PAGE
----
04 May 2016
Opposition is growing to AT&T’s attempt to rewrite California law so it can pull out its wireline networks in rural and inner city communities, and use wireless networks to provide broadband and phone service instead. In response, AT&T is pushing misleading and lawyerly talking points to elected officials in rural counties and to non-profit groups in urban areas.
If you examine the claims made in the documents submitted by AT&T into the public record (see links below), each one is arguably true when read in isolation. But much is left out or presented out of context. Taken together, these selectively told half-truths create a completely false picture of what assembly bill 2395 will do to telecommunications networks in less affluent and less lucrative Californian communities.
The big lie is that AB 2395 is only about replacing old, analog phone systems with voice over Internet protocol technology. It does do that, and if it only did that it wouldn’t be a bad bill. There would be issues to address – reliability, back up battery power and job transitions come to mind – but those problems are solvable if all concerned negotiate in good faith.
Unfortunately, AB 2395 allows AT&T to do two other things: pull out copper networks and offer only wireless service instead, and run a monopoly business with virtually no regulatory brakes. The pitches it’s making to elected officials artfully evade those points by answering objections with mock outrage over legacy analog technology and pretending that’s all that’s at stake.
For example, AT&T dodges questions about ripping out copper lines by talking about meeting federal standards for “voice grade service” but ignoring broadband completely and only offering up the hope that “more advanced technologies may become available for consumers”.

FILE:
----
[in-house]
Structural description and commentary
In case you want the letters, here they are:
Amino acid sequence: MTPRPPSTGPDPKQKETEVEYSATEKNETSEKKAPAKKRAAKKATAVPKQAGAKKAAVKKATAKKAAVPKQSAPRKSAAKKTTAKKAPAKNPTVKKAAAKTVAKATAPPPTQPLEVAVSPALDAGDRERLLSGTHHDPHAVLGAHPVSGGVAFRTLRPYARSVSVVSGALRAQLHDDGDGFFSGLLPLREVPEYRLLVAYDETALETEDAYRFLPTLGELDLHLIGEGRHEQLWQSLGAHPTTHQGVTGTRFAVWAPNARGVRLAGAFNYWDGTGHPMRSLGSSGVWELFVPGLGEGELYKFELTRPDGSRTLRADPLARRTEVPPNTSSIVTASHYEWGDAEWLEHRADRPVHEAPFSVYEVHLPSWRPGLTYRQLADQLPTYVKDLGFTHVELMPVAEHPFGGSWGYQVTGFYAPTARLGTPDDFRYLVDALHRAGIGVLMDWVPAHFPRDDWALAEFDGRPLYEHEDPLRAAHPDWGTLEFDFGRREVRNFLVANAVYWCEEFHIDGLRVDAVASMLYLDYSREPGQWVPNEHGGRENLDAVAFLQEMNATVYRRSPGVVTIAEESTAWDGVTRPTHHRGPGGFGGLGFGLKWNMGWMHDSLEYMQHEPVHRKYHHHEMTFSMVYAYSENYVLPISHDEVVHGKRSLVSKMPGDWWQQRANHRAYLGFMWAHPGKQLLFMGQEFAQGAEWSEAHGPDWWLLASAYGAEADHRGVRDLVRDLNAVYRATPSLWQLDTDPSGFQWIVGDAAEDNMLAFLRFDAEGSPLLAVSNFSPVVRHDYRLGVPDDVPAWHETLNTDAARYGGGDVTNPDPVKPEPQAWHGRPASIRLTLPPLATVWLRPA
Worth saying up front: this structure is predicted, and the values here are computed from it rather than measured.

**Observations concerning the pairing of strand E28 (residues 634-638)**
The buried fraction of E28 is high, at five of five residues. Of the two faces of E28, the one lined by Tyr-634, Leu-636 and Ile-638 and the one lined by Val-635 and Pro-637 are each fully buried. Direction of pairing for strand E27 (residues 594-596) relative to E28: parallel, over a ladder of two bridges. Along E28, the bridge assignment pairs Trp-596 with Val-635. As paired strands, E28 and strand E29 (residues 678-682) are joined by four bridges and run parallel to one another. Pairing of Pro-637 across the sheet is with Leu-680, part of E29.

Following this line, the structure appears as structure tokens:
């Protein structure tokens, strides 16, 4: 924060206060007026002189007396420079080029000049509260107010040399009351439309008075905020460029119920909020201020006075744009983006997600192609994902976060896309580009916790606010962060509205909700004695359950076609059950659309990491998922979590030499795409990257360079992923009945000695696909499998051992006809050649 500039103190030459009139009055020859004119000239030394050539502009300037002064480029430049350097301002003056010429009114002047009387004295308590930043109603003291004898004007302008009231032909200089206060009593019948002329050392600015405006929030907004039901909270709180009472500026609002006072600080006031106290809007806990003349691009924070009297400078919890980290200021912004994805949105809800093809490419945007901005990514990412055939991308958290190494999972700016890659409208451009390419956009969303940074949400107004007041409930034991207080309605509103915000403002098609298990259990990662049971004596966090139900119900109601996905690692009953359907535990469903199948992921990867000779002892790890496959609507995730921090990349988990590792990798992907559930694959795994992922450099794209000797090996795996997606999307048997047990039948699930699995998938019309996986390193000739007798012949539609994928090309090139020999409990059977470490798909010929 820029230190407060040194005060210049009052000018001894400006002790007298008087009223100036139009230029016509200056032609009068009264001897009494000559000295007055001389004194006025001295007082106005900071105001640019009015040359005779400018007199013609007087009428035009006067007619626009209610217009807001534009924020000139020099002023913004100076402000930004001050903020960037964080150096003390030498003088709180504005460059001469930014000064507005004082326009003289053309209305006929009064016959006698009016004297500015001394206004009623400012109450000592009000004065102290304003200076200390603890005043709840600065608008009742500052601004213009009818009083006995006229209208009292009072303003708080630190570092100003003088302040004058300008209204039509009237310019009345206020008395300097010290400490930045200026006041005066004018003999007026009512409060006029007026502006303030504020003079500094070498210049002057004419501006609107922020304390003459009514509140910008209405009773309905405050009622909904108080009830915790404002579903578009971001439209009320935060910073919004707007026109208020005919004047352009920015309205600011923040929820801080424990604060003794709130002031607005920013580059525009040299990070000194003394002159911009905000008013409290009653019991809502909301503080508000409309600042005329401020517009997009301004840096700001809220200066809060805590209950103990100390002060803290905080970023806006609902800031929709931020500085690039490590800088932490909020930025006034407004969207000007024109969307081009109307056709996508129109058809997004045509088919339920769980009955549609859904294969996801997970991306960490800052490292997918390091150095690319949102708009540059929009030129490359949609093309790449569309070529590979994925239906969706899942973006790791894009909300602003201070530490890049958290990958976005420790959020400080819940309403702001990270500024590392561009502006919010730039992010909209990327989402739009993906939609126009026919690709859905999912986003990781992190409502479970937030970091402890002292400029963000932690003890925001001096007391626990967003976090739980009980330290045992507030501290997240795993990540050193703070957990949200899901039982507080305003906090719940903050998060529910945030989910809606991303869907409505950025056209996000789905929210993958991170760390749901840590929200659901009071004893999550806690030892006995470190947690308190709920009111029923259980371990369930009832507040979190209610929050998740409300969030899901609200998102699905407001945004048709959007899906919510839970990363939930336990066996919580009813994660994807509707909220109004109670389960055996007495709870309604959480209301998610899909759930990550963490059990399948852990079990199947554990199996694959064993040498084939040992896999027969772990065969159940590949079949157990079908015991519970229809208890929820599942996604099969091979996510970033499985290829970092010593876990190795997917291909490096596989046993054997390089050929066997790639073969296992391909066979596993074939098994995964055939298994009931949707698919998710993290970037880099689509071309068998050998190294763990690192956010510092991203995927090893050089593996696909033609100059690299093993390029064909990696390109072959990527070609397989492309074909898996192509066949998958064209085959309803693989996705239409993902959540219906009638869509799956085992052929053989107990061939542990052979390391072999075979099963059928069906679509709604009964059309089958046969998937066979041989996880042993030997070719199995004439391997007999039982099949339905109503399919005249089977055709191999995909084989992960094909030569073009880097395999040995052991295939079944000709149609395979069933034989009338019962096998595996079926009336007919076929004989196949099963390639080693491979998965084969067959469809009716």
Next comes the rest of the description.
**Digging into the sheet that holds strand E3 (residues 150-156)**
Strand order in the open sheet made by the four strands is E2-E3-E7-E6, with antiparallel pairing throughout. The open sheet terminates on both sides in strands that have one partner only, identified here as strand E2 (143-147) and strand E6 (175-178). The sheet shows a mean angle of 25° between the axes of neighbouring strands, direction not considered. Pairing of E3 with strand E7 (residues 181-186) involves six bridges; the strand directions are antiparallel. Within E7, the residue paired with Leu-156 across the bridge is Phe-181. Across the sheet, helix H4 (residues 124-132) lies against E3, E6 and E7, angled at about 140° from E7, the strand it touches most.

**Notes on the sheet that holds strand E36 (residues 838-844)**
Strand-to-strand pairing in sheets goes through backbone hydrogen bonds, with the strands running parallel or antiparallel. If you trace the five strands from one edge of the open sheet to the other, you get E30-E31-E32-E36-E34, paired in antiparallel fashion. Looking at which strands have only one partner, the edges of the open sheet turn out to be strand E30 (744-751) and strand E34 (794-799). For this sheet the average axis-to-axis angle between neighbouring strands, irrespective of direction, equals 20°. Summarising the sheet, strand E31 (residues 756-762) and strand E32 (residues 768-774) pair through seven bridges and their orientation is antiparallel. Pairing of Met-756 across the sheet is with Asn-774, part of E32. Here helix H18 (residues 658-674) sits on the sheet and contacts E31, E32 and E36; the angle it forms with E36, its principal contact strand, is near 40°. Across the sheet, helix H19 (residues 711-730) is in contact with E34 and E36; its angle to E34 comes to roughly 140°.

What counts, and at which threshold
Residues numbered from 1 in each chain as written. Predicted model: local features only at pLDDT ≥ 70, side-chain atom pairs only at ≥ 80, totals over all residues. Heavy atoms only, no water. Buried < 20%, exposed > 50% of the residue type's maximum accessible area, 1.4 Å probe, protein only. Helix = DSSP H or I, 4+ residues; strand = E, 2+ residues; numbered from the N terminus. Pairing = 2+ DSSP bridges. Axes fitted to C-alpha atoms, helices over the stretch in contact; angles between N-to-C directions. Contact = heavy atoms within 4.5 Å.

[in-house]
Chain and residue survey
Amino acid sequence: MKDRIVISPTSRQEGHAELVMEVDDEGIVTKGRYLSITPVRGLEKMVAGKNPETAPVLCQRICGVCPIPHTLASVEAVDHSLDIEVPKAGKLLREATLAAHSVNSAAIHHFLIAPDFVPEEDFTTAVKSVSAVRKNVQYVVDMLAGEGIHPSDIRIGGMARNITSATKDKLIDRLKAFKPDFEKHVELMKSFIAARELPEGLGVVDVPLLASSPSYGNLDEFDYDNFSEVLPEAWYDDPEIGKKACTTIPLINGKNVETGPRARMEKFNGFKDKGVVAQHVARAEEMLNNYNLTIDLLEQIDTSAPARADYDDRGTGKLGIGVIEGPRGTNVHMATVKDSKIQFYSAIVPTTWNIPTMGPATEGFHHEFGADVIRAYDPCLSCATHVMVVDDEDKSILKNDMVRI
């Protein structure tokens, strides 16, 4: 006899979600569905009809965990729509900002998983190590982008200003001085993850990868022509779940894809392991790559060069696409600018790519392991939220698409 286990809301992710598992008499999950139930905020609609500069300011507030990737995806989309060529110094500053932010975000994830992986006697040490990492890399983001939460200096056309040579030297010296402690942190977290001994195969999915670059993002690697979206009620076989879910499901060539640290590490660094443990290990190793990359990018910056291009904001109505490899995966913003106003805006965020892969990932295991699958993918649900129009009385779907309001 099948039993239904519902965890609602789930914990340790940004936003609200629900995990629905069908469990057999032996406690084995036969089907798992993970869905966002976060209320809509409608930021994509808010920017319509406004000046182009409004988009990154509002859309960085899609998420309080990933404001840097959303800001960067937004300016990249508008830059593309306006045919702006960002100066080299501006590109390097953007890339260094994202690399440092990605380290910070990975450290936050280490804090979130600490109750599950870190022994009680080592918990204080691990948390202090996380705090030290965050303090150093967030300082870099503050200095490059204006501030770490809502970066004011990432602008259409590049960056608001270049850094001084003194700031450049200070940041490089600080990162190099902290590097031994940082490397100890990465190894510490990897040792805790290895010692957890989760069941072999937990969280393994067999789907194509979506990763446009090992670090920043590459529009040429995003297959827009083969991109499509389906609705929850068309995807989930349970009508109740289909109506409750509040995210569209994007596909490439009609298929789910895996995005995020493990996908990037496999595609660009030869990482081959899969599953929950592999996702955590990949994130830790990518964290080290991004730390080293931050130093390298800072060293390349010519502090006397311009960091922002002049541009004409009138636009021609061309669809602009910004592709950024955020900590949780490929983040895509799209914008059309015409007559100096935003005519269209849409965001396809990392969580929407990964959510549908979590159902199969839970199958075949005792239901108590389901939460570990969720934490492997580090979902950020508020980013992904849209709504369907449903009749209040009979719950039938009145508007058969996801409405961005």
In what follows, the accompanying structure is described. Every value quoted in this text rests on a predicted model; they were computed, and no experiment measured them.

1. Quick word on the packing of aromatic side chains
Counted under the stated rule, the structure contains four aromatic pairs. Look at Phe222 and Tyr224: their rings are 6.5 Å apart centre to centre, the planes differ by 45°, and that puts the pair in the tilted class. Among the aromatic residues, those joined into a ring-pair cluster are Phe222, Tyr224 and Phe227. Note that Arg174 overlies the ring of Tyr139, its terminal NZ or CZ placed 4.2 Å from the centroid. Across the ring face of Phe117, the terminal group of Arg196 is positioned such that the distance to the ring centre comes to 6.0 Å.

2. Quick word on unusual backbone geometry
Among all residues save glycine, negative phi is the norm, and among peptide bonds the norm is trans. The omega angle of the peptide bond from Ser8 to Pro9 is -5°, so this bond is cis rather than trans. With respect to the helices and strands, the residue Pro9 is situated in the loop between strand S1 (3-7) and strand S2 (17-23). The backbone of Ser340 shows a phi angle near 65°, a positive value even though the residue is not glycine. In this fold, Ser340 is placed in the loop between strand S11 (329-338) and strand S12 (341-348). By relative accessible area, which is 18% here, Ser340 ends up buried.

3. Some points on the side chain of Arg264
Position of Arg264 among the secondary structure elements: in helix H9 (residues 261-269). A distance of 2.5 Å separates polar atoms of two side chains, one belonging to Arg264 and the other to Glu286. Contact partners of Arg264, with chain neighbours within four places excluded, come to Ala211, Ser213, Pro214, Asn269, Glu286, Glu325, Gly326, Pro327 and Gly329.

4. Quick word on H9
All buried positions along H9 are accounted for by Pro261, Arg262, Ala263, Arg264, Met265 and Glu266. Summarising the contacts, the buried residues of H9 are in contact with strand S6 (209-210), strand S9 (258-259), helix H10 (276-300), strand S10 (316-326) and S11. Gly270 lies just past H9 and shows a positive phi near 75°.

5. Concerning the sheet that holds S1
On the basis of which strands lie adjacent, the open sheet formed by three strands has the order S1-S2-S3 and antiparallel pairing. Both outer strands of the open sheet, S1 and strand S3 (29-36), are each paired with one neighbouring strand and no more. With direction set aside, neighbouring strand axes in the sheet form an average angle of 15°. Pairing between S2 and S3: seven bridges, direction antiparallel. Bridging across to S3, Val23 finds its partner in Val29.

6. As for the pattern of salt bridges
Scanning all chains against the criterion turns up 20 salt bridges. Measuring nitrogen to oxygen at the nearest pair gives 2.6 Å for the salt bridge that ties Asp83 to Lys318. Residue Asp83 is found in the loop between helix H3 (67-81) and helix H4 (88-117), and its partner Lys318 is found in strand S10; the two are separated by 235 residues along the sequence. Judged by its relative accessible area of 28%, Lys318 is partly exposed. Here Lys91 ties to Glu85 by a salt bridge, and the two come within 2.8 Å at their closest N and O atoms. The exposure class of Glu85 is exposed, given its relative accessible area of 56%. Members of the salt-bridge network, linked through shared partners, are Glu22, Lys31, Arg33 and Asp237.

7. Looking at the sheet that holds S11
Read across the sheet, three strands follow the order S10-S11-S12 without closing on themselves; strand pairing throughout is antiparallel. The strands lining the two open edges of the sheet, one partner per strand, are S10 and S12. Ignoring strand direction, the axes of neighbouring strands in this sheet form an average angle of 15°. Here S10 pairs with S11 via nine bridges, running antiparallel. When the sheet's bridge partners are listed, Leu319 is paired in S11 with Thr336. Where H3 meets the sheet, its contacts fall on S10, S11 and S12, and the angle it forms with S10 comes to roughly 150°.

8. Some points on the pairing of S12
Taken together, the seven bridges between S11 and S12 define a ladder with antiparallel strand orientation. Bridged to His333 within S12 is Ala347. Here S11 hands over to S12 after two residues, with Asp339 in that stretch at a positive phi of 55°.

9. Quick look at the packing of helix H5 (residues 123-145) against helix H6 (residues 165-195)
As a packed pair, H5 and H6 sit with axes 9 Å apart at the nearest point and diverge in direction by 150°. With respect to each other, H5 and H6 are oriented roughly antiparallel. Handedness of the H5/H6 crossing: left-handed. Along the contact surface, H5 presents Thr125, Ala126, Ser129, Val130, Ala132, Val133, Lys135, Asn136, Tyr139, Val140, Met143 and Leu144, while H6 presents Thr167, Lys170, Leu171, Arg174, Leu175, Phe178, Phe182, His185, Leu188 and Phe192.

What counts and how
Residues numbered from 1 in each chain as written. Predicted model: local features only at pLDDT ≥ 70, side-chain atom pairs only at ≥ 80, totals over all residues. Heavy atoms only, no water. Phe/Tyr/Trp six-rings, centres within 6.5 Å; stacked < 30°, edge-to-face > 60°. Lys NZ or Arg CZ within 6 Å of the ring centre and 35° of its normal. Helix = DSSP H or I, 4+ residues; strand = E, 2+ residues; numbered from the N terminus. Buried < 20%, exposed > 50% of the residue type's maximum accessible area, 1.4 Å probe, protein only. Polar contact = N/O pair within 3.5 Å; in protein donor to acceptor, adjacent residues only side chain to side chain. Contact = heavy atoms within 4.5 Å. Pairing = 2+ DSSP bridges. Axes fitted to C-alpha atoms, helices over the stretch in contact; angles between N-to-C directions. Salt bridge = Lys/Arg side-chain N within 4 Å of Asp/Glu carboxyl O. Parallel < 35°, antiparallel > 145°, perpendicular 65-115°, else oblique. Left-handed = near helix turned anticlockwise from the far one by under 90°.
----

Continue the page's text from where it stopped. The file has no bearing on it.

Similarly, it claims that “federal copper retirement rules will remain in place”. But it doesn’t mention that those rules allow it to yank out copper lines with 90 days notice, or that states share telecoms regulatory authority with the FCC. California, unlike some other states, takes that responsibility seriously and polices monopoly operators more rigorously than most, much to AT&T’s annoyance.
California has to adapt to the new telecoms world created by digital technology, and plan for even more dramatic disruption in the years to come. The right way to do that is to consider all the facts and all points of view, and thoughtfully discuss alternatives before settling on new policy to put into law. The wrong way is to allow AT&T to write a bill that benefits its monopoly business model at everyone else’s expense.
27 April 2016
Oops. There goes the $10 a month service.
AT&T is rolling out its low cost Internet access program for low income households. It’s one of the conditions attached to the FCC’s approval of AT&T’s purchase of DirecTv last year.
It only applies to homes where Internet access service “is delivered to a fixed location over a physical wire or cable“. In other words, the wireless service AT&T wants to use to replace wireline service in rural and inner city California isn’t eligible. When AT&T pulls out the copper, the low cost broadband service disappears too.
If one person in a household is eligible for food stamps – now known as the Supplemental Nutrition Assistance Program – and no one owes AT&T any money for fixed Internet service (at least, no debts have been incurred in the last six months) then AT&T’s Access program offers service at $5 to $10 per month. AT&T’s online explanation is a little convoluted – not unusual for programs like these that aren’t exactly top of the incentive list for the sales department – but what it seems to be saying is this: